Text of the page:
But they changed the proposed minimum mandatory sentence to four years — the same as for DUI manslaughter — to assuage concerns from some lawmakers.

"There has been a resistance in both chambers to any type of minimum mandatory sentences because they remove some discretion from the court," Diaz de la Portilla said.

Once tweaked, the bill sailed through its committee stops. It passed on the Senate floor by a unanimous vote March 26. The House gave its unanimous support April 22.

"It's hard to put into words," Witte said. "What Aaron did in his life touched so many people. It's evident in the way people responded to this tragedy."

A healing process

Gov. Rick Scott is likely to sign the Aaron Cohen Life Protection Act into law later this month.

The bill could have a wide-ranging effect. In 2012, about 17,000 people were injured in hit-and-run crashes in Florida, according to the Florida Highway Patrol. Of that total, 166 died.

For those involved in the Aaron Cohen bill, the legislative process served as a healing process.

"It's what Aaron would have done," said Patty Cohen.

Walsh said he took some solace in helping pass important legislation in his friend's name.

"I have to admit: I'm generally a skeptic," Walsh said. "I was never really sure we could get this thing to pass. But we did. And the beauty of it is, we will never know who benefits from it."

Contact Kathleen McGrory at [email protected]

     
     
Comments
Congressman combating harassment used public money on own case

Congressman combating harassment used public money on own case

WASHINGTON — Rep. Patrick Meehan, R-Pa., who has taken a leading role in fighting sexual harassment in Congress, used thousands of dollars in taxpayer money to settle his own misconduct complaint after a former aide accused him last year of making un...
Published: 01/20/18
The longer the shutdown lasts, the further the economic ripples will spread

The longer the shutdown lasts, the further the economic ripples will spread

The early days of the federal government shutdown won’t slow the U.S. economy much. No workers are missing paychecks yet, and because it is a weekend, few businesses expect to feel the effects of lost customers or suppliers.That could change, quickly...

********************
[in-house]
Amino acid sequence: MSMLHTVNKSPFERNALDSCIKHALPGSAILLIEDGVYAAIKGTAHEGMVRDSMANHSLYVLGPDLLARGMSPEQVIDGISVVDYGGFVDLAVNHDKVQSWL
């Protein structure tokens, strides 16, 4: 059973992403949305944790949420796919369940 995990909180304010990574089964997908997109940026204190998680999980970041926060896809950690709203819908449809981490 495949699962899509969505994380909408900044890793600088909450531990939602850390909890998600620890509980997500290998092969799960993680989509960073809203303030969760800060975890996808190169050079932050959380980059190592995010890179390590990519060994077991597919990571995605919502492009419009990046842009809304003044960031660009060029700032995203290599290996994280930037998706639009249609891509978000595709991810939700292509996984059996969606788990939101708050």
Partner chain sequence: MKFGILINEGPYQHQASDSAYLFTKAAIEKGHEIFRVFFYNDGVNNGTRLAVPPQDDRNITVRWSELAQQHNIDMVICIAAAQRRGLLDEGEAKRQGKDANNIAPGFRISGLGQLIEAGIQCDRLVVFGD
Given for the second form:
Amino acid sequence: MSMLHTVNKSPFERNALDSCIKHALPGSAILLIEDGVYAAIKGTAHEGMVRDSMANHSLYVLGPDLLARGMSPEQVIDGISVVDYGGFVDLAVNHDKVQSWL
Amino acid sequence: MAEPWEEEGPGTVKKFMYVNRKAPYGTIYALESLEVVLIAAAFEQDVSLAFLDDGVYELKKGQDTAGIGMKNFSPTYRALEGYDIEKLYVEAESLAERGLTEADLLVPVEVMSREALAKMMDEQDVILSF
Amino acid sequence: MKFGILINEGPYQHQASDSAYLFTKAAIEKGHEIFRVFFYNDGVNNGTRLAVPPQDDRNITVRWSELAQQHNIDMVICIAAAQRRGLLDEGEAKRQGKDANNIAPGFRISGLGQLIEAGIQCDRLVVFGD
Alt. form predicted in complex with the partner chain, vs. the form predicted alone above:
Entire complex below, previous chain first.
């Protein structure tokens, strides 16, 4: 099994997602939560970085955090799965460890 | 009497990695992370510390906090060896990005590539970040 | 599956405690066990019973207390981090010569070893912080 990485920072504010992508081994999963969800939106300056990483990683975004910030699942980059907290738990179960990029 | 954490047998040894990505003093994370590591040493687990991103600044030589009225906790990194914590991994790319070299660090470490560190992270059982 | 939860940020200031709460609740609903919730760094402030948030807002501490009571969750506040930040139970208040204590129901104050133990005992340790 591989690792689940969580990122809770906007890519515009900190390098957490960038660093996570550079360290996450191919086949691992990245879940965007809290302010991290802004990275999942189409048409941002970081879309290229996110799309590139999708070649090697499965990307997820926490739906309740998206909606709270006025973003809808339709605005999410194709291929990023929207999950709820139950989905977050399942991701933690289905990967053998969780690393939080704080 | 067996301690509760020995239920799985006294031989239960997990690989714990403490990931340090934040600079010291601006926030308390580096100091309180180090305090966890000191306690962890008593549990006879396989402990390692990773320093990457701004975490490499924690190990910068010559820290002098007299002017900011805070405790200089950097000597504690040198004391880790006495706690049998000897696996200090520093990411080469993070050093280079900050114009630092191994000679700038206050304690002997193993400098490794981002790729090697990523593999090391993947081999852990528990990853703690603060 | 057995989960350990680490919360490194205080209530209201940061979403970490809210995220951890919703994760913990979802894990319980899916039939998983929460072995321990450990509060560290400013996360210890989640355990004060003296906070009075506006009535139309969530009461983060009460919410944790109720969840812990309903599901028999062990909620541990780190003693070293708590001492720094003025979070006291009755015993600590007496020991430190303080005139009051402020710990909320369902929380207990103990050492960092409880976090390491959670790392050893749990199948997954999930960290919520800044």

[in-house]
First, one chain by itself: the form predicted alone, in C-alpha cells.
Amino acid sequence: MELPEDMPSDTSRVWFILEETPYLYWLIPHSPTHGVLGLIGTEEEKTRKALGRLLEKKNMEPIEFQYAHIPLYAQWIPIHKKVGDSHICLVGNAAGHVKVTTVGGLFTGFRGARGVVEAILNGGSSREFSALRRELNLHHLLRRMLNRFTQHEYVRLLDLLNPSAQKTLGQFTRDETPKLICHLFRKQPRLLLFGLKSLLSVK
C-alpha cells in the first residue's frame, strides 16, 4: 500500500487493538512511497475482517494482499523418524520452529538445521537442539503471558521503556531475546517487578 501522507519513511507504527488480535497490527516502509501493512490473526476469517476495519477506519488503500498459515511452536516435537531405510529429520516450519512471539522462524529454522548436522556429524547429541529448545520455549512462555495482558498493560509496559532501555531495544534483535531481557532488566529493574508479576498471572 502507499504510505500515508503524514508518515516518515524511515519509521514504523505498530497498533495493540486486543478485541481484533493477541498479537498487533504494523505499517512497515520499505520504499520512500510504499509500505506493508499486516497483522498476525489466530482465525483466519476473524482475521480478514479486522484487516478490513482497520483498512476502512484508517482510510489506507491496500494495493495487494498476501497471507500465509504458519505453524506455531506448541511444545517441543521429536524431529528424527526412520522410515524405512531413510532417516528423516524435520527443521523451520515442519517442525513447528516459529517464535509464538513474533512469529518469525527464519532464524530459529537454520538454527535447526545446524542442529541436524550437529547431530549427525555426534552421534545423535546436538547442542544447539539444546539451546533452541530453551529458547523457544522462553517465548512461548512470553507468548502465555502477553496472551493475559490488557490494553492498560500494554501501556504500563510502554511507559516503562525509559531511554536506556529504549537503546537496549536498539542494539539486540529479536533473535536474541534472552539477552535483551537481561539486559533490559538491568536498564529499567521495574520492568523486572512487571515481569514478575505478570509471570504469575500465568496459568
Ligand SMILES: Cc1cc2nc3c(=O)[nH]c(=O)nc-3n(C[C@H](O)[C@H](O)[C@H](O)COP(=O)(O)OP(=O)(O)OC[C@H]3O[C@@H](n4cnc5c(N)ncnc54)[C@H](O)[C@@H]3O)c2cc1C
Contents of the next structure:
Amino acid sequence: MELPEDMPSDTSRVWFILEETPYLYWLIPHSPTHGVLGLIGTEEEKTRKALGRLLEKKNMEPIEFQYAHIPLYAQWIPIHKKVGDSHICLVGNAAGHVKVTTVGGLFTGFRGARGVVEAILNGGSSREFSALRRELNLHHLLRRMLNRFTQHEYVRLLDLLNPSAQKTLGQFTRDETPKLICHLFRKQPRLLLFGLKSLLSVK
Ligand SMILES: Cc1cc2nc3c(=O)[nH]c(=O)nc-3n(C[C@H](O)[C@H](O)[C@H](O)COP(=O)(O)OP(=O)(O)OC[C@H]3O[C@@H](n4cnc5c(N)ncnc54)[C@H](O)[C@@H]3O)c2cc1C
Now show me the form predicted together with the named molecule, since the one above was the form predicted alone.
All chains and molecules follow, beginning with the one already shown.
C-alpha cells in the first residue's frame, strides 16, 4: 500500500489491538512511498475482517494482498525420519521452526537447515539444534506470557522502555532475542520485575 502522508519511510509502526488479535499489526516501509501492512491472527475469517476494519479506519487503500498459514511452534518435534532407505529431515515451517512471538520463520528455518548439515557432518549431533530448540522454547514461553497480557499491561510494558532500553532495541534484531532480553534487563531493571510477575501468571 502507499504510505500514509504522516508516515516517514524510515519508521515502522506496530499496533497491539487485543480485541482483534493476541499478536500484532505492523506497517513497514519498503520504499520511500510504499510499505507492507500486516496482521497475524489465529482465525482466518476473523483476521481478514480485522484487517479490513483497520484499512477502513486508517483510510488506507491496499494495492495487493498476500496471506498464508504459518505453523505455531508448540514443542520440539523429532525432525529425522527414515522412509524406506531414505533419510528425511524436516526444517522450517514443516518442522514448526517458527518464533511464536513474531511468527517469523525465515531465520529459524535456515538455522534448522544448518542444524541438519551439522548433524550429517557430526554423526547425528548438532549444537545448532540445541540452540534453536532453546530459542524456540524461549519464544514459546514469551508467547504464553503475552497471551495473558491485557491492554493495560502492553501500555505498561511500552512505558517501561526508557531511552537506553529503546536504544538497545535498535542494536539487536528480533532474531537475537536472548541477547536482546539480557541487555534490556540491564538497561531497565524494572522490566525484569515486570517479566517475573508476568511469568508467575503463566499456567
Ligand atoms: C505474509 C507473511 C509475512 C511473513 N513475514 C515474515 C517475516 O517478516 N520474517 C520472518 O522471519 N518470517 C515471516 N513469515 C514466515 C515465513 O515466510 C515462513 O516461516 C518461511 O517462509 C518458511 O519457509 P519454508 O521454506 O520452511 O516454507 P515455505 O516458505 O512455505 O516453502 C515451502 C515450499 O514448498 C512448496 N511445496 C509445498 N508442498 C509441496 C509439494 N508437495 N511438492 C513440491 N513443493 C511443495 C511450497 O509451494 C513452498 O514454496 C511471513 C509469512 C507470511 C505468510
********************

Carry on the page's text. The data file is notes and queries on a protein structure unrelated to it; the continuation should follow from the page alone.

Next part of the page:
Published: 01/20/18
Romano: If UCF is national champion, then I’m a Hollywood stud

Romano: If UCF is national champion, then I’m a Hollywood stud

Sen. Daniel Patrick Moynihan famously said people were entitled to their own opinions, but not their own facts.Clearly, Moynihan never dealt with Florida legislators.Because around Tallahassee, facts are fungible. They aren’t just up for debate, they...
Published: 01/19/18
Updated: 01/20/18
U.S. government shuts down; Democrats, GOP blame each other

U.S. government shuts down; Democrats, GOP blame each other

WASHINGTON — The federal government shut down at the stroke of midnight Friday, halting all but the most essential operations and marring the one-year anniversary of President Donald Trump’s inauguration in a striking display of Washington dysfunctio...
Published: 01/19/18
Updated: 01/20/18
Battle lines already forming for Menendez corruption retrial

Battle lines already forming for Menendez corruption retrial

NEWARK, N.J. — U.S. Sen. Bob Menendez might spend 2018 asking voters to re-elect him and jurors to acquit him. Prosecutors from the Department of Justice told a federal judge in New Jersey on Friday that they will seek a retrial of the Democratic sen...
Published: 01/19/18
Congress likely racing toward a government shutdown

Congress likely racing toward a government shutdown

WASHINGTON — A bitterly-divided Congress hurtled toward a government shutdown this weekend in a partisan stare-down over demands by Democrats for a solution on politically fraught legislation to protect about 700,000 younger immigrants from being dep...
Published: 01/19/18
Clearwater City Council candidate John Funk: City needs better planning

Clearwater City Council candidate John Funk: City needs better planning

CLEARWATER — Voters may not be too familiar with the name John Funk.So since launching his campaign for City Council Seat 5 against well-known incumbent Hoyt Hamilton, Funk said he has knocked on 2,000 doors to introduce himself. Before the March 13 ...
Published: 01/19/18
Clearwater City Council candidate Hoyt Hamilton: Experience is key for critical next term

Clearwater City Council candidate Hoyt Hamilton: Experience is key for critical next term

CLEARWATER — By asking voters to elect him into office a fifth time, Hoyt Hamilton knows he’s now considered part of the old-guard. Born and raised in Clearwater, his family roots stretch back here more than 100 years. Hamilton, 59, spent nearly his ...
Published: 01/19/18

Q&A: Government shutdown looms. Here’s what you need to know

Lawmakers have until midnight tonight to pass legislation to avert a government shutdown.Here’s what that means. Why would the government shut down?Every year, Congress has to approve laws, known as appropriations, that provide money for federal agen...
Published: 01/18/18
Redington Shores mayor, commission positions filled with no opponents

Redington Shores mayor, commission positions filled with no opponents

REDINGTON SHORES — There will be no election this year, but the changeout of commission members that began last year will continue. When the new commission is sworn in this March, four of five members, including the mayor, will have changed within th...
Published: 01/18/18